Redbay Stormforce 1650: built to create markets as well as serve them

Redbay Stormforce 1650 official launch 18 August 2012 1

The first sight we had of the new Stormforce 1650 was as Kintyre Express came alongside at the pier in Cushendall. She’s called Caledonia. The demonstrator for the Redbay Stormforce 11 metre is Corryvreckan. The cultural affinity is in the boats themselves.

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Then we had a look from the pier itself and from the shore while one of the bright water taxis for the day ferried our eminent skipper back in after he’d put KEII out on a mooring.

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Redbay Boats‘ new Stormforce 1650 had its official splash of champagne on Friday 17th August, on the pier at its home village of Cushendall on the Antrim Glens coast of Northern Ireland.

As with those destined to lead, its birth was witnessed by its family, its community and those with influence to shape its future and an interest in doing so. These included politicians, managers from Invest NI – Northern Ireland’s enterprise agency, existing clients and pilots from various ports around the UK and Ireland. The demonstrator version of the Stormforce 1650 is a Pilot boat.

Another guest was Peter – or Pietro – Giovannolli, PG to his eight crewmates on the coming attempt on the Global Circumnavigation World Record – of which more  – and exciting – news below.

Minister Watson NI Assembly

Northern Ireland’s Finance Minister, Sammy Wilson spoke of the exemplary success of Redbay Boats, as a family business, employing 22 people, constantly innovating, producing quality boats to meet wide ranging needs in a worldwide market from its base in this little coastal village where it had all begun.

Oliver  Redbay Stormforce 1650 official launch 18 August 2012 12

One of the area’s MLAs, [Member of the Legislative Assembly] Oliver McMullan, welcomed the Minister’s remarks and swiftly built a powerful case for serious financial support for a company delivering at this level with so absolute a commitment to supporting the economic sustainability of its home place. Mr McMullan finished by saying what everyone echoes – that when you get a boat from Redbay, you get the family in endless support.

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Gary Fyfe, Operations Manager of Redbay Boats outlined the history of the company before this, its 35th year – from its beginnings in wooden clinker-built hulls, through fishing boats and GRP, then into its Stormforce range of RIBS (Rigid Inflatable Boats), a clear accelerator of the business. Mr Fyfe paid tribute to the importance to the company of the unstoppable energy and the total engagement of owner Tom McLaughlin in all aspects of the business, noting that he will sweep the workshop if he sees it needs it.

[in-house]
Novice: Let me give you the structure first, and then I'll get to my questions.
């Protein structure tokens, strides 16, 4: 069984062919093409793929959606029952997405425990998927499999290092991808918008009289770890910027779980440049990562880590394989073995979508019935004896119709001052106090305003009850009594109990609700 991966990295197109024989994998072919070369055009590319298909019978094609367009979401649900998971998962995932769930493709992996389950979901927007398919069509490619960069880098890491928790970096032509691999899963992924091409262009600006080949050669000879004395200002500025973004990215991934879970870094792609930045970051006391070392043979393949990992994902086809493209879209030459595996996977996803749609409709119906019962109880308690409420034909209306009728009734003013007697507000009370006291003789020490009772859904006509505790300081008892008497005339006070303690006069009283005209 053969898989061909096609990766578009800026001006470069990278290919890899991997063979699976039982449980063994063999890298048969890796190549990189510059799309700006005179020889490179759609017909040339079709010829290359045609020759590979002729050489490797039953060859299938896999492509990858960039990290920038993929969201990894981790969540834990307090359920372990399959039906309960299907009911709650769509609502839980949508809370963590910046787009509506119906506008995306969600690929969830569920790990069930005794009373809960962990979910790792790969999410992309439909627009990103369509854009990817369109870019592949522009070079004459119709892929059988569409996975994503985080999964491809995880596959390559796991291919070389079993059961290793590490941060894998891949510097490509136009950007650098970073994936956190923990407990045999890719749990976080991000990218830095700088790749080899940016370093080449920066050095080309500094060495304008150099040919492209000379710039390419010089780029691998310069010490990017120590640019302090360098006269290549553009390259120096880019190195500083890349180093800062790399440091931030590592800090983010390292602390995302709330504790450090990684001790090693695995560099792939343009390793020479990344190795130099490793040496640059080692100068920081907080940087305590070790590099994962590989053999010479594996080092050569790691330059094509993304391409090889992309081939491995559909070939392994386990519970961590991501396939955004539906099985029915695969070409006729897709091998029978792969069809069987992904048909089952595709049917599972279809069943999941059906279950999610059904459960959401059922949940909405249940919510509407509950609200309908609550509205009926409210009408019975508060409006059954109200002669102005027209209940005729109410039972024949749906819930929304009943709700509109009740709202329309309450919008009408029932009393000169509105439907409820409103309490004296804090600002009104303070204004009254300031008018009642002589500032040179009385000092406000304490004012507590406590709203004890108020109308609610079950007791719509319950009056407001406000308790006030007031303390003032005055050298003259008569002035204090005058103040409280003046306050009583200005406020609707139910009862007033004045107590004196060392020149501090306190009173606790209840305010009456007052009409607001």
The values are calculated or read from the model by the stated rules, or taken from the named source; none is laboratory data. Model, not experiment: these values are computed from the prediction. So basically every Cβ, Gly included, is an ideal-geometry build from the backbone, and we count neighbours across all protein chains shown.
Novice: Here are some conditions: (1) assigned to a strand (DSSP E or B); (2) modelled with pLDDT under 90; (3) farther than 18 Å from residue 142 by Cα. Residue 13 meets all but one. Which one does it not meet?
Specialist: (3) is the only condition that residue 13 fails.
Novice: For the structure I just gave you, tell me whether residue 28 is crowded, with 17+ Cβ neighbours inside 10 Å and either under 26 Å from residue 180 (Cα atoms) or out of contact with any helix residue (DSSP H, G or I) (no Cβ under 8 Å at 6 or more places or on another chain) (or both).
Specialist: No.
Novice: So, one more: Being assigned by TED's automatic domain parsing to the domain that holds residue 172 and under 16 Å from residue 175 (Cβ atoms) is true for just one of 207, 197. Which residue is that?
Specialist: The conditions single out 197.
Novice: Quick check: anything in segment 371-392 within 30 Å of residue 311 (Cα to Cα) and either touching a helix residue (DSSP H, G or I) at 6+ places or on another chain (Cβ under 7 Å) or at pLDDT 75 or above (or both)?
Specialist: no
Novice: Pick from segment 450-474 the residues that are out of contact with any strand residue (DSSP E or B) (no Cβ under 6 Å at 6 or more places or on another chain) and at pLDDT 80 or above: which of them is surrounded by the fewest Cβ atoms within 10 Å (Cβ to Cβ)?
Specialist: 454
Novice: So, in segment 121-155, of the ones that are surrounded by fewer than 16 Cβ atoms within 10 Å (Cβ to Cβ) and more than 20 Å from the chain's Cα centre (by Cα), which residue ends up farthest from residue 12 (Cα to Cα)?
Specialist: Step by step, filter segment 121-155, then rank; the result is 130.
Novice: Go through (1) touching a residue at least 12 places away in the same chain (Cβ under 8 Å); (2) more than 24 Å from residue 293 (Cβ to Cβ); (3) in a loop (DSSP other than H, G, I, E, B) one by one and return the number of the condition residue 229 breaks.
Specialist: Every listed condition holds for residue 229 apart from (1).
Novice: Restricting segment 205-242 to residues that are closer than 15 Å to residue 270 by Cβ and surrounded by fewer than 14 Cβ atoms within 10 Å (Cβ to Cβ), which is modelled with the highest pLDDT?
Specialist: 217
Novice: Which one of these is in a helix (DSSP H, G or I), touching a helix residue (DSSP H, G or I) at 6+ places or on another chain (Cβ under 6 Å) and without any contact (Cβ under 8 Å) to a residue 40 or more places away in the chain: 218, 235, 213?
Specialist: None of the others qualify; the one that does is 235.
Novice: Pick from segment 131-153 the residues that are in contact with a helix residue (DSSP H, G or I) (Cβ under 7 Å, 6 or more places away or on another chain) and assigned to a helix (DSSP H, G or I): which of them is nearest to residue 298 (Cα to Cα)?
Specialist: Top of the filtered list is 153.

Speaking of the new boat, Mr Fyfe said that news of it is already attracting widespread interest, with the company being approached by and approaching relevant  markets in South America, Canada, Europe, the UK and Ireland.

Tom McLaughlin

Tom McLaughlin himself, the founder and propulsion system of Redbay Boats, a long time boating man in sail, power and lifeboats – where he has received an RNLI gallantry award – spoke next, thanking the entire workforce for their commitment and the quality of the work they do. He thanked too his patient wife Cathy, herself a sailor and about to christen the new boat on the block. The entire team obviously love what they do, with many of them bringing to the job their own experience of the sea, in lifeboats – as helmsmen and crew, in fishing and in leisure boating.

The company’s brochure, talking about its product design process, says that ‘knowledge is still the best design tool we have’.

He detailed the reality of doing what they do in Cushendall. There is no local supply chain. Almost everything they need has to come in from elsewhere. A similar business on the south coast of England would have much simpler and more cost effective manufacturing.

Tom McLaughlin finally paid tribute to the naval architect they had chosen to design the Stormforce 1650 – Joe McCollam from the McCollam Marine practice in Cork city and with extensive experience of designing pilot boats.

Neither Gary Fyfe nor Tom McLaughlin mentioned this – but it’s interesting to know as it demonstrates Redbay Boats’ market reach. A Redbay Stormforce 850 was commissioned for ‘gatekeeper patrol’ on the Thames during the Olympics. They also built a lifeboat for Napoleon’s exile island of St Helena – and their reputation is such that St Helena came to them.

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In Ireland as in Scotland, banter from the floor is unavoidable and the Redbay team clearly enjoyed it.

Colin Craig

Colin Craig – not one to be fazed – had minutes notice of the request to speak and described his own business experience with Redbay Boats in the challenge he has set himself and his team with the Kintyre Express initiative.

In the absence of any action from the governments of Scotland and Northern Ireland in reinstating a vehicle and passenger ferry service between Ballycastle and Campbeltown, he said he had felt that someone had to put a boat in the water, test the market and work to build it.